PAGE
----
The median forecast was based on 44 projections in a Bloomberg survey. Estimates ranged from a drop of 0.8 percent to a 0.7 percent increase.
Construction spending decreased 6 percent in the 12 months ended in November.
Private construction spending climbed 0.3 percent from the previous month. Homebuilding outlays increased 0.7 percent, while private non-residential projects dropped 0.1 percent.
Spending on public construction increased 0.7 percent from the prior month. Federal spending rose 8.2 percent, to reach a record-high $35.3 billion. Outlays by state and local governments dropped 0.1 percent, a second consecutive decline.
Average home prices as measured by the S&P/Case-Shiller indexes have begun dropping again after rising when a government tax incentive was in effect. The groupâs 20-city index fell 0.8 percent in October from a year earlier, the biggest year-on-year decline since December 2009. It fell 1 percent from the prior month, and was down 30 percent from its July 2006 peak.
Builders are pulling back. Reports last month showed the housing market is stuck near recession levels. Housing permits fell in November to the third-lowest level on record, while new- home starts rose for the first time in three months, the Commerce Department reported Dec. 16.
Hovnanian Enterprises Inc., the largest homebuilder in New Jersey, on Dec. 22 reported a fourth-quarter loss bigger than analysts expected as revenue fell 19 percent.
âConsumers are clearly waiting to see signs of an economic recovery and job growth before they make their decision to purchase a home,â Chief Executive Officer Ara Hovnanian said on a conference call.
Â A court-appointed receiver trying to recover funds for victims of Tom Petters' Ponzi scheme has sued JPMorgan Chase & Co. for more than $300 million, alleging the bank should have known that money it seized from Petters was the result of fraud.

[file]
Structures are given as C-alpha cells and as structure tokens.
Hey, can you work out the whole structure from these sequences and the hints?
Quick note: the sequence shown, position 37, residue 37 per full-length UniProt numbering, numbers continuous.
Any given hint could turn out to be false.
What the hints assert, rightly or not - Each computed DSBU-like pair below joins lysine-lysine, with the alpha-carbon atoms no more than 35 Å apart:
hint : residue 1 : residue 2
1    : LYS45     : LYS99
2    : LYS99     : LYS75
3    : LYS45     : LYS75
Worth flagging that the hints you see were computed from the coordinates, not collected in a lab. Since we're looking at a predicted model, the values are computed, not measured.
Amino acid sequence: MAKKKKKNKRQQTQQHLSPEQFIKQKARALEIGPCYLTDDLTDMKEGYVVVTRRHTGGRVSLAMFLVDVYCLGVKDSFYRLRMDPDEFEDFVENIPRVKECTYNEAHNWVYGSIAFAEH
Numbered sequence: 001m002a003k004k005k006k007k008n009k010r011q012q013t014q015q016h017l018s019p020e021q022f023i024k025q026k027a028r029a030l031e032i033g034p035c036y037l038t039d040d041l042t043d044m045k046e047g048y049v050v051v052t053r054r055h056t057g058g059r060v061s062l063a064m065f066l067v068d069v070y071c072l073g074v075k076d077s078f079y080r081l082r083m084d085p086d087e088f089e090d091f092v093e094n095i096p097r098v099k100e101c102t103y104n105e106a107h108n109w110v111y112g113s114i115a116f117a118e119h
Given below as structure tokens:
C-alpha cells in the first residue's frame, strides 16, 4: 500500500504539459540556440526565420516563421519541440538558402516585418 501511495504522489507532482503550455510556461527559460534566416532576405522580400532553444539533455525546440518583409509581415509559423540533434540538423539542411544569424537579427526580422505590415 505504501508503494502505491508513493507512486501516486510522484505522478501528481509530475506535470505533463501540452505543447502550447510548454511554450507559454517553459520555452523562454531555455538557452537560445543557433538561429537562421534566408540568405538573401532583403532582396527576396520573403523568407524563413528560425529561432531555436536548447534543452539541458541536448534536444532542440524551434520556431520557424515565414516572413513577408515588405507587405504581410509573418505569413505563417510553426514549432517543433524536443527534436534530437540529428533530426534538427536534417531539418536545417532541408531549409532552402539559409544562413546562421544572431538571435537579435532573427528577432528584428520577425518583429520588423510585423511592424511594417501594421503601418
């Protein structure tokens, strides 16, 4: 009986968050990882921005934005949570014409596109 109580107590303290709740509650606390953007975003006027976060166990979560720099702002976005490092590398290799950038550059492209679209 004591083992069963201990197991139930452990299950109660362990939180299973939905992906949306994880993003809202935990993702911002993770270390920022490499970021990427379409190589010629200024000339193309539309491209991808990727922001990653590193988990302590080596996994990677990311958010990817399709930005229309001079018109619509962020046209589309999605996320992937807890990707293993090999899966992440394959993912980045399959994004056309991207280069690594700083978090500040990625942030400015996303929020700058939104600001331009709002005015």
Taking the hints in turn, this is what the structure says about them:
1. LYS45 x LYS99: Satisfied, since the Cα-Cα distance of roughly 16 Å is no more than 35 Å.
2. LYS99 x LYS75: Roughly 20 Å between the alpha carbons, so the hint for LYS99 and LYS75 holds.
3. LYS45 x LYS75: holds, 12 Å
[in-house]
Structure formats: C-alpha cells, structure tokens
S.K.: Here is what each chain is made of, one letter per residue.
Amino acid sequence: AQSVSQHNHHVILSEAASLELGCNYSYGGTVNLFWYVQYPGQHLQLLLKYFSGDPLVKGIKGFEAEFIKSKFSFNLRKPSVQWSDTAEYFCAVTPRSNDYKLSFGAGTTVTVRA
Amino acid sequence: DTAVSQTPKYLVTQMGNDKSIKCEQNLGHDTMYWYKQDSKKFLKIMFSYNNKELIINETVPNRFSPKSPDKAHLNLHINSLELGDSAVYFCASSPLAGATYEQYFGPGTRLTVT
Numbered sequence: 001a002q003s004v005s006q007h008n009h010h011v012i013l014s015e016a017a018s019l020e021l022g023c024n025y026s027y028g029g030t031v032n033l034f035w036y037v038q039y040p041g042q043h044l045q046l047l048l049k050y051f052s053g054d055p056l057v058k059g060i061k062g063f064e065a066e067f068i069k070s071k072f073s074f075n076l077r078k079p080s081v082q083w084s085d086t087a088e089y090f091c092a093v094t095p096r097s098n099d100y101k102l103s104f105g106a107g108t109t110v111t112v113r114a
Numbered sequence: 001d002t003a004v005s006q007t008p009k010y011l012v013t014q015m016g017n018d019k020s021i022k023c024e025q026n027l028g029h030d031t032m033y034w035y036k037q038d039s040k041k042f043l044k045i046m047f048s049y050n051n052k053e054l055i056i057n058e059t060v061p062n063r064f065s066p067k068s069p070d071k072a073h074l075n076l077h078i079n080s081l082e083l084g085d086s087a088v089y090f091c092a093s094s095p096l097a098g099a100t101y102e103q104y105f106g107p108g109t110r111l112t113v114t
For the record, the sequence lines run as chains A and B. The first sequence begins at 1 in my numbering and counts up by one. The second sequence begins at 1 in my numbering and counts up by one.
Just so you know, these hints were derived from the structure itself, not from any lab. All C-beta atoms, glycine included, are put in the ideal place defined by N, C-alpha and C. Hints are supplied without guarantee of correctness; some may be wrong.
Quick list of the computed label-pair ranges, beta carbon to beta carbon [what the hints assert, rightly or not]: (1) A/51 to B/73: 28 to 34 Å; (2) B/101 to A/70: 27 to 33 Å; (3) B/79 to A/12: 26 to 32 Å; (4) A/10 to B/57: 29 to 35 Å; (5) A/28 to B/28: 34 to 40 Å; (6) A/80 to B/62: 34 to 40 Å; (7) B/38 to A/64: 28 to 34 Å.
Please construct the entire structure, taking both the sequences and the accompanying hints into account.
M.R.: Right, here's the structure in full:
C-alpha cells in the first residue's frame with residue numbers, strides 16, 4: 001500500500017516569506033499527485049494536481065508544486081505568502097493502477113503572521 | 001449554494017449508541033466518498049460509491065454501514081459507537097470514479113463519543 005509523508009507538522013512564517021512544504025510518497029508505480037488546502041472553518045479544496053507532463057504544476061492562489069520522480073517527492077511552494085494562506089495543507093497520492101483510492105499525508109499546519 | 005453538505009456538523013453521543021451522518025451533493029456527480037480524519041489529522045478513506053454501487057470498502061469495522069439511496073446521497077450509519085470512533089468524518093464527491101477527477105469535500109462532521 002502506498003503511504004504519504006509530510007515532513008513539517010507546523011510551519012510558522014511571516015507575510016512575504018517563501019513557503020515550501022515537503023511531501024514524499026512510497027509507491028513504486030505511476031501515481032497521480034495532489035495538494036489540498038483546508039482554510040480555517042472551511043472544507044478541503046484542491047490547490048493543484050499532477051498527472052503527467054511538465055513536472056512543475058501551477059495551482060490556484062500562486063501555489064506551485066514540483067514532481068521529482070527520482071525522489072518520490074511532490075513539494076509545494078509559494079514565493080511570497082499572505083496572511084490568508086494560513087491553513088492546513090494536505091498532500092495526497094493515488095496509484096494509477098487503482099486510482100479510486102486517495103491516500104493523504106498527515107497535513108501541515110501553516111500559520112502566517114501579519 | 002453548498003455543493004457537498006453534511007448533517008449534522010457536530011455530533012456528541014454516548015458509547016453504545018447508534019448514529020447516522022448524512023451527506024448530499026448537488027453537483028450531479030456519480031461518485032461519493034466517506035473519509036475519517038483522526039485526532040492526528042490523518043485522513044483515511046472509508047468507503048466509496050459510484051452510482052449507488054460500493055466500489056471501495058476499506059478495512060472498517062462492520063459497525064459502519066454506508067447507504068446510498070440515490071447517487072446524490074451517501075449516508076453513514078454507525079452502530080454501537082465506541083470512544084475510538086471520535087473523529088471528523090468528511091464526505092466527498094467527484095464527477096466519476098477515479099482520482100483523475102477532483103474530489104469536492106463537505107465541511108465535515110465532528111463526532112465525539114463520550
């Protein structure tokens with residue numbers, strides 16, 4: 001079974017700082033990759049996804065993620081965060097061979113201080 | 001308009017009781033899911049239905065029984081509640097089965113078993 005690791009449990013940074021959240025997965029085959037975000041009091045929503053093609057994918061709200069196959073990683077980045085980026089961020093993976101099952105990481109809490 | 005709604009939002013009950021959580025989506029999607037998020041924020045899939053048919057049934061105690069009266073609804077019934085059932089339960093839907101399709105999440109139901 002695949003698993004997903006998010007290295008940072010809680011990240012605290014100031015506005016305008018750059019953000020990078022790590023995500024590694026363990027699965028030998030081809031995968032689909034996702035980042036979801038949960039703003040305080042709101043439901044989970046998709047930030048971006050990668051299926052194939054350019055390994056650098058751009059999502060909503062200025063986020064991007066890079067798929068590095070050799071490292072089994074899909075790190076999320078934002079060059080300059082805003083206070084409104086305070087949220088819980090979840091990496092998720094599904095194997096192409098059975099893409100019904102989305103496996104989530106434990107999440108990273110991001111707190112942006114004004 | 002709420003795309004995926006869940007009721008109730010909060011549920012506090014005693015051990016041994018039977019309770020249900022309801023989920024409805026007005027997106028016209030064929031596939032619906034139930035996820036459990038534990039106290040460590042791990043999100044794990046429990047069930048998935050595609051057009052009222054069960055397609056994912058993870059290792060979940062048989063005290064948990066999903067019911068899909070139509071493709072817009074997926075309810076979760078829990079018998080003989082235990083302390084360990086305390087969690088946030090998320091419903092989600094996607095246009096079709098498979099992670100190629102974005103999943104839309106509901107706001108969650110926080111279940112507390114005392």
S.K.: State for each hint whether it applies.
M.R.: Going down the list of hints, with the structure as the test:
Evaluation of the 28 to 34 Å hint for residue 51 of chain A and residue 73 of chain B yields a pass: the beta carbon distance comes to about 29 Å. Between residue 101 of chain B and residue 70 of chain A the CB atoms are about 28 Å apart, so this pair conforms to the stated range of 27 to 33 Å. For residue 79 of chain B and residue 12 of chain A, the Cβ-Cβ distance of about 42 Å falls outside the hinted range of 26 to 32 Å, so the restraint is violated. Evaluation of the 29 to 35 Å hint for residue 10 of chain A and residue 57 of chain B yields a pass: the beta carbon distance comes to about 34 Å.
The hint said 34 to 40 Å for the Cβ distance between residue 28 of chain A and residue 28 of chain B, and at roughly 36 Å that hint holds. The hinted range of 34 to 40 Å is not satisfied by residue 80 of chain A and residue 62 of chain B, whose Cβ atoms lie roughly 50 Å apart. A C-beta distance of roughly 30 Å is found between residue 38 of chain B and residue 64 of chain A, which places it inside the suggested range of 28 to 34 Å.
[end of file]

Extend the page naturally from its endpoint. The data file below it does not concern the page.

The Minnesota businessman was convicted last year of perpetrating a $3.7 billion Ponzi scheme that counted hedge funds, pastors, missionaries and retirees among its victims. Prosecutors said the one-time owner of Polaroid Holding Co. and Sun Country Airlines orchestrated the plot, but Petters has blamed his associates and is appealing his 50-year prison sentence. JPMorgan, its affiliates and some individuals seized more than $300 million in assets from Petters in the wake of his arrest.
In a new claim filed Wednesday in federal court in Minnesota, receiver Doug Kelley demanded that JPMorgan return $25 million it seized from Petters' accounts just days after the 2008 FBI raid that led to his arrest.
Â Over the holidays, many lenders put foreclosures on hold. But that temporary freeze is over now. Industry watchers are expecting thousands of foreclosed properties to hit the market in the weeks and months ahead.
Home foreclosure sales slowed down at the end of 2010 for two reasons: the regular holiday foreclosure freezes, and the remnants of the so-called robo-signing scandal.
In the fall, many lenders put evictions on hold while they reviewed their foreclosure procedures. Rick Sharga of RealtyTrac says that's behind us now and the pace of foreclosure is about to pick up.
"I'd be really, really surprised if we didn't see a probably record quarter in the first quarter of this year," he says.
Sharga expects banks to repossess close to 100,000 homes in January alone.
"We always have a seasonal uptick in the first quarter," he says, "and I think it will be accelerated because of delays that the servicers will be making up for in the first couple months." Real estate agents are bracing themselves for an increasing number of vacant homes waiting for buyers.
But Lawrence Yun, chief economist at the National Association of Realtors, says it doesn't come as a surprise.
"These properties will come onto the market, that is a given," he says.
Yun says there is a massive shadow inventory homes not yet on the market where the owners are more than 90 days behind on their payments.